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Status: Finished  |  Genre: Action and Adventure  |  House: Booksie Classic
After Marsha discovers diamonds under a floor tile in an Italian cathedral, hell on wheels rumbles after her and her lover, Grant, spewing bullets and corpses, Venice and Naples, the Carbinieri and the Camorra, in all the directions they want to go. What a rush.

Submitted: July 03, 2017

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Submitted: July 03, 2017




A Short Story in Chapters

Nicholas Cochran

Chapter Fifteen


Salvatore DiMaggio wrestled with the idea. He knew that if he failed he would be dead within a day. Umberto Gianni was powerful. His influence spread all the way to Venice. He was also tightly connected to the Camorra—Primo de Lantro, and Vito Petroni.

“why am I even thinking about this?

Salvatore—Sal—had chafed under the excruciating yoke of boredom while performing as an accountant and gem appraiser for twenty years. His initial ambition was to be a rock star. His mother was very strong, his father was stronger and he,Salvatore, was very weak. He became an accountant.

Salvatore’s second ambition was to be a barber. He was an insane fan of American baseball. He read about Sal ‘The Barber’ Maglie, a pitcher for the New York Giants, who slung his artistry with such precision and so close to the batter, that he earned his sobriquet after only a few wins at the Polo Grounds. 

DiMaggio, a distant cousin of Joe, was physically ill suited for athletics and his thoughts of becoming a professional baseball player died in vivo but he was drawn to the idea of being a barber. Dean Martin sprang to mind.

Sal couldn’t sing worth a crap but he liked to talk to people, to joke, and he quickly accumulated a deep store of sports knowledge with the thought that he could reveal his bin of things sportif in banter with his customers. 

He planned to move to California and begin his barbering there, not far from an extraordinarily successful barber, a cousin, with the exact same name. 

Sal decided that he would simply switch to his middle name, Carmine. The logistics of practicing the barbering trade near a namesake never became a topic of serious consideration for Sal. He was hustled off into the accounting industry through a friend of his father, a stalwart of the accounting community who welcomed Salvatore with gifts and customers on the occasion of Sal’s nineteenth birthday.

Umberto Gianni had been an accounting client of Sal’s for fifteen years before Sal decided to undertake a sideline of assessing gems with a major in diamonds.

Umberto heard of Sal’s sideline and apparent expertise. Apparently, young DiMaggio had a gift for spotting the best and the worst in the sparkling rocks of the earth. Umberto hired him three years ago and Sal had handled many transactions for the Don but not all.

Umberto was a wise man, possessing sound experience in the ways of the world and especially the crooked ways of dishonest men who could ruin him with a bogus appraisal. As a result,Umberto alternated appraisals between Salvatore and Alessandro Domono.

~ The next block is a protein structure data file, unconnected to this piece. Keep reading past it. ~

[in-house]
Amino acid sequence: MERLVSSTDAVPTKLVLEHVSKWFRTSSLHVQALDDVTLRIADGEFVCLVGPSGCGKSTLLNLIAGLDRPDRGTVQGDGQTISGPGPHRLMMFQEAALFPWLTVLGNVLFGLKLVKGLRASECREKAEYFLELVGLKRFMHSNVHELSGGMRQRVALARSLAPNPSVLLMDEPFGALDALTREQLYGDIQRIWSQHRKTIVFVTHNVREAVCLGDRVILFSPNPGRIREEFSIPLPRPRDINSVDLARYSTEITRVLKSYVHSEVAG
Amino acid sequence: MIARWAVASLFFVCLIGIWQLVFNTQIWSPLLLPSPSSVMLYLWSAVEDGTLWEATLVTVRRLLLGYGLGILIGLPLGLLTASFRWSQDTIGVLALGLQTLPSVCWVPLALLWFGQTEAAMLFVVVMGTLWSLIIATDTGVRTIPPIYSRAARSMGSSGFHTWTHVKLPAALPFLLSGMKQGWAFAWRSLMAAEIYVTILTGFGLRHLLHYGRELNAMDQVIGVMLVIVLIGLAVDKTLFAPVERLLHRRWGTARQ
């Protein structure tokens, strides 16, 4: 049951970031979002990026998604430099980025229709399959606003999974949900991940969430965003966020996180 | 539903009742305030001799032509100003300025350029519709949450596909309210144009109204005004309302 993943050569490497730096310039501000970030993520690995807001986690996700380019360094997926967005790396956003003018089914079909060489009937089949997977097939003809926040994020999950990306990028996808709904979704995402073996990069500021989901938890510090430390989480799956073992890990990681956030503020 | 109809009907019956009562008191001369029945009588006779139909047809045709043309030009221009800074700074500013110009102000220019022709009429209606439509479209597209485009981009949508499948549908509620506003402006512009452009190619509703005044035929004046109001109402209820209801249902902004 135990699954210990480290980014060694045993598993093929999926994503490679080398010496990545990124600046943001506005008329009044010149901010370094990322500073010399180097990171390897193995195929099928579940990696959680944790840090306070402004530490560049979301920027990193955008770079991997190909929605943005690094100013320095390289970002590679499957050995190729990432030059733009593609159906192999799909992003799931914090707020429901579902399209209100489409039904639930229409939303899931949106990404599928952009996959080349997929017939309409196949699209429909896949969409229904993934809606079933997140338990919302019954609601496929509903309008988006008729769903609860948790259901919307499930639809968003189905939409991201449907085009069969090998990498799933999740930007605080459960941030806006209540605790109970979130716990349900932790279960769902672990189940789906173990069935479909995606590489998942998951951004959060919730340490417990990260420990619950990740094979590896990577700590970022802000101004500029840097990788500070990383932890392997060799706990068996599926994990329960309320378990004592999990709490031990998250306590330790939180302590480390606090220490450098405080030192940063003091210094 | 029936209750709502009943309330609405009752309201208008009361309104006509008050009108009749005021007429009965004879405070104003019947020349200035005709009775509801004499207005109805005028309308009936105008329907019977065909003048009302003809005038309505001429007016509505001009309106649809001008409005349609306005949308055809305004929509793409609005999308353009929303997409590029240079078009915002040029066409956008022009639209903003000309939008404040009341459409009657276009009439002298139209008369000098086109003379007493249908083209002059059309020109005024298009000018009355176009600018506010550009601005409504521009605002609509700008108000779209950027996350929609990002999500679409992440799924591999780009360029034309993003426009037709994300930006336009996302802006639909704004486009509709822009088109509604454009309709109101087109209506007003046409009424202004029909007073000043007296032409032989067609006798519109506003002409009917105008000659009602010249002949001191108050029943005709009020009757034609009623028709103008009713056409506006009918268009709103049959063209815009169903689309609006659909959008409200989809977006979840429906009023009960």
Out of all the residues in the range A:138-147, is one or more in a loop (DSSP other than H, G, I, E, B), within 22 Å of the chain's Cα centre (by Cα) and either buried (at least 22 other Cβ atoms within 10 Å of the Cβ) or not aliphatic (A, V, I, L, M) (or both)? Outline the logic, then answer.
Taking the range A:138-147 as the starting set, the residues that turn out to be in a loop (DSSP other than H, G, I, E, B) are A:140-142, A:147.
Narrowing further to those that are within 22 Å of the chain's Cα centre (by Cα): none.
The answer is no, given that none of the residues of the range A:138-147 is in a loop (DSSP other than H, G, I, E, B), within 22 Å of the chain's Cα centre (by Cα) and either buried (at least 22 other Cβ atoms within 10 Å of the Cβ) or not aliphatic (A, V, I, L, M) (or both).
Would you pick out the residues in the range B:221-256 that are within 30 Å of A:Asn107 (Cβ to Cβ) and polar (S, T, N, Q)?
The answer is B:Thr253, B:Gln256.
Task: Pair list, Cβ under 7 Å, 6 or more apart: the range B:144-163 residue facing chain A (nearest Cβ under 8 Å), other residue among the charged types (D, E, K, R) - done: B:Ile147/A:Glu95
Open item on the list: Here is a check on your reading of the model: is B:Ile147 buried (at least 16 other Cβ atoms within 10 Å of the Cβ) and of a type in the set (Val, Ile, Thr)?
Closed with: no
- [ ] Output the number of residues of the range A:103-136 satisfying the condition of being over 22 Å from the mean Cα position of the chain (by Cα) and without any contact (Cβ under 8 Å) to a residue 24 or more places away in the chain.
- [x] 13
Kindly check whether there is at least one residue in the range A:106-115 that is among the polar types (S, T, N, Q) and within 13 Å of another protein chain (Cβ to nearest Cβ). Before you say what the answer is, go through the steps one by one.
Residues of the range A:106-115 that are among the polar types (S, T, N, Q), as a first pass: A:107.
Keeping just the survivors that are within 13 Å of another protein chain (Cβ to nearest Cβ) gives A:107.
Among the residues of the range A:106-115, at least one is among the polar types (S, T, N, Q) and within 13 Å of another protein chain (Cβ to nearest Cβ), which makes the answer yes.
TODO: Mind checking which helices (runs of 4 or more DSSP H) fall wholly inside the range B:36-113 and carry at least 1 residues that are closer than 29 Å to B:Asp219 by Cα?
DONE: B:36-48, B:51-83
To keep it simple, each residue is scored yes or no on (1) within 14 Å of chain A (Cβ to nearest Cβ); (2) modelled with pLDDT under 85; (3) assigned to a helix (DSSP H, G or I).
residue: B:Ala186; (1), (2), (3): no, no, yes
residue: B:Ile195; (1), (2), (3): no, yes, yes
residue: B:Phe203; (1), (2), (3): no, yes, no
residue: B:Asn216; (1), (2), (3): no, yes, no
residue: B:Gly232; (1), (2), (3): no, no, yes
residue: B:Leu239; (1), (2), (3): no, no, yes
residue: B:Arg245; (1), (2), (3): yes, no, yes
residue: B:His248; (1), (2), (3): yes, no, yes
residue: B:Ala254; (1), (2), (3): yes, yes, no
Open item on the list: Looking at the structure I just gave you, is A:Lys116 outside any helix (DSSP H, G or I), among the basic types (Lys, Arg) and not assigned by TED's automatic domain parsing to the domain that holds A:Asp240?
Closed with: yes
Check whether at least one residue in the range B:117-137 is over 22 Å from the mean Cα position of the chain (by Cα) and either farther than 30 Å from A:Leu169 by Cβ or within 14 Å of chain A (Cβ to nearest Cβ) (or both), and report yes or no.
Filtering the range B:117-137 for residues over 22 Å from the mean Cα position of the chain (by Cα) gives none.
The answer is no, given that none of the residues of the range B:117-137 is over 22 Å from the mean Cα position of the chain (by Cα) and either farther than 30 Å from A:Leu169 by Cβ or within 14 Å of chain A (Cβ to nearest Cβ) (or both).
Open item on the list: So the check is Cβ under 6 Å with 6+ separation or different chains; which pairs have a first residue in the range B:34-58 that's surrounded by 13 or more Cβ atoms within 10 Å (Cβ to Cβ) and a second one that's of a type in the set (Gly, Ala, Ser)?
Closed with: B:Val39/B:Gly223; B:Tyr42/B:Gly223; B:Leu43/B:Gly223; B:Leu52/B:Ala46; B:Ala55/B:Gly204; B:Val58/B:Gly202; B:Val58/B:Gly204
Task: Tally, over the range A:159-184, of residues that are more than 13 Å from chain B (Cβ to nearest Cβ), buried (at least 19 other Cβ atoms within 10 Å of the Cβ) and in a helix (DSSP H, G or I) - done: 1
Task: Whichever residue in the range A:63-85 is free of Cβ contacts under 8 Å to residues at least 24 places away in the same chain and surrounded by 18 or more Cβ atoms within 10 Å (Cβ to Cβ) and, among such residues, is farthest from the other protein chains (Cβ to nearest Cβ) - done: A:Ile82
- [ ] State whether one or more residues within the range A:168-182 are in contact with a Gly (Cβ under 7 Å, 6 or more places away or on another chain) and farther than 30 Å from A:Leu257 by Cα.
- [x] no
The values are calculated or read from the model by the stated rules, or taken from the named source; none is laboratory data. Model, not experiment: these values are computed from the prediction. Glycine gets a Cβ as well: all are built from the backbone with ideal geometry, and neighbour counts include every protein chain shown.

Sal began his clandestine association with his venal client shortly after conducting an appraisal between Umberto and Sal’s new partner in crime. There was no agreement to do anything other than siphon off some of the value of Umberto’s stones. No rough stuff. No blackmail. Just some simple skimming.

Despite the innocuous form of Sal’s dishonesty, he realized that death was his certain doom were the Don to discover the treachery.

“Senor Gianni,” purred the voice of the prospective seller, Sal Dimaggio's new partner in crime, “perhaps it is time for that lunch on your terrace while our appraisers grapple with the true value of my offerings.”

“I agree, Senor, and the sooner the better. There have been some disturbing –even nasty—developments in the diamond business world recently. I need stabilization, order, assurances. I need a trustworthy supplier. My well established supplier has disappeared. Not with any of my money—or my gems—but he has gone. I had employed his services for eight years. A wonderful man. Ah well, such is the life on the outside, Senor.” 

Gianni abruptly realized that he was not only blatting on but also revealing much more information than anyone needed to know, especially a stranger. 
“Let’s pick a date,” Umberto breathed gruffly, “your call.”

“Tomorrow,” offered the stranger, “around two.”

“Fine. You have the address, yes?”

“Yes, Senor Gianni. Until tomorrow.” The connection broke.

Why am I feeling this tickle at the bottom of my gut? Why does this feel wrong?

Gianni rang DiMaggio. “Sal, tomorrow at two. Be here at one.”

“On the dot, Senor Gianni.”

Is this a good idea? If Umberto sees through me, I’m fish meal. If not, I’m very wealthy.

Salvatore DiMaggio chose one of the drivers of life, money, to govern his actions. He postponed the others—sex and power—until he had accumulated enough riches to finance those two.

* **

Aminata Azanga drew in a breath while she pushed the doorbell. Giulio’s house lay still. The three-storey structure stood back behind a magnificent tight row of cypresses and was enveloped at the back and along the sides by umbrella pines. The scent from the flora bred a smile for Aminiata. She wished that her mission was one in simpatico with the aroma therapy she was absorbing. She sighed and pushed the bell again. This time, she stood on her toes and cupped her hands on either side of her head while she peered through the glass rectangle above the baroque door knocker. The entrance hall was a dusky yellow where the filtered sunlight mixed with the dazzling colors created by Gina to cover their eye wateringly expensive furniture. No sign of Giulio, or anyone.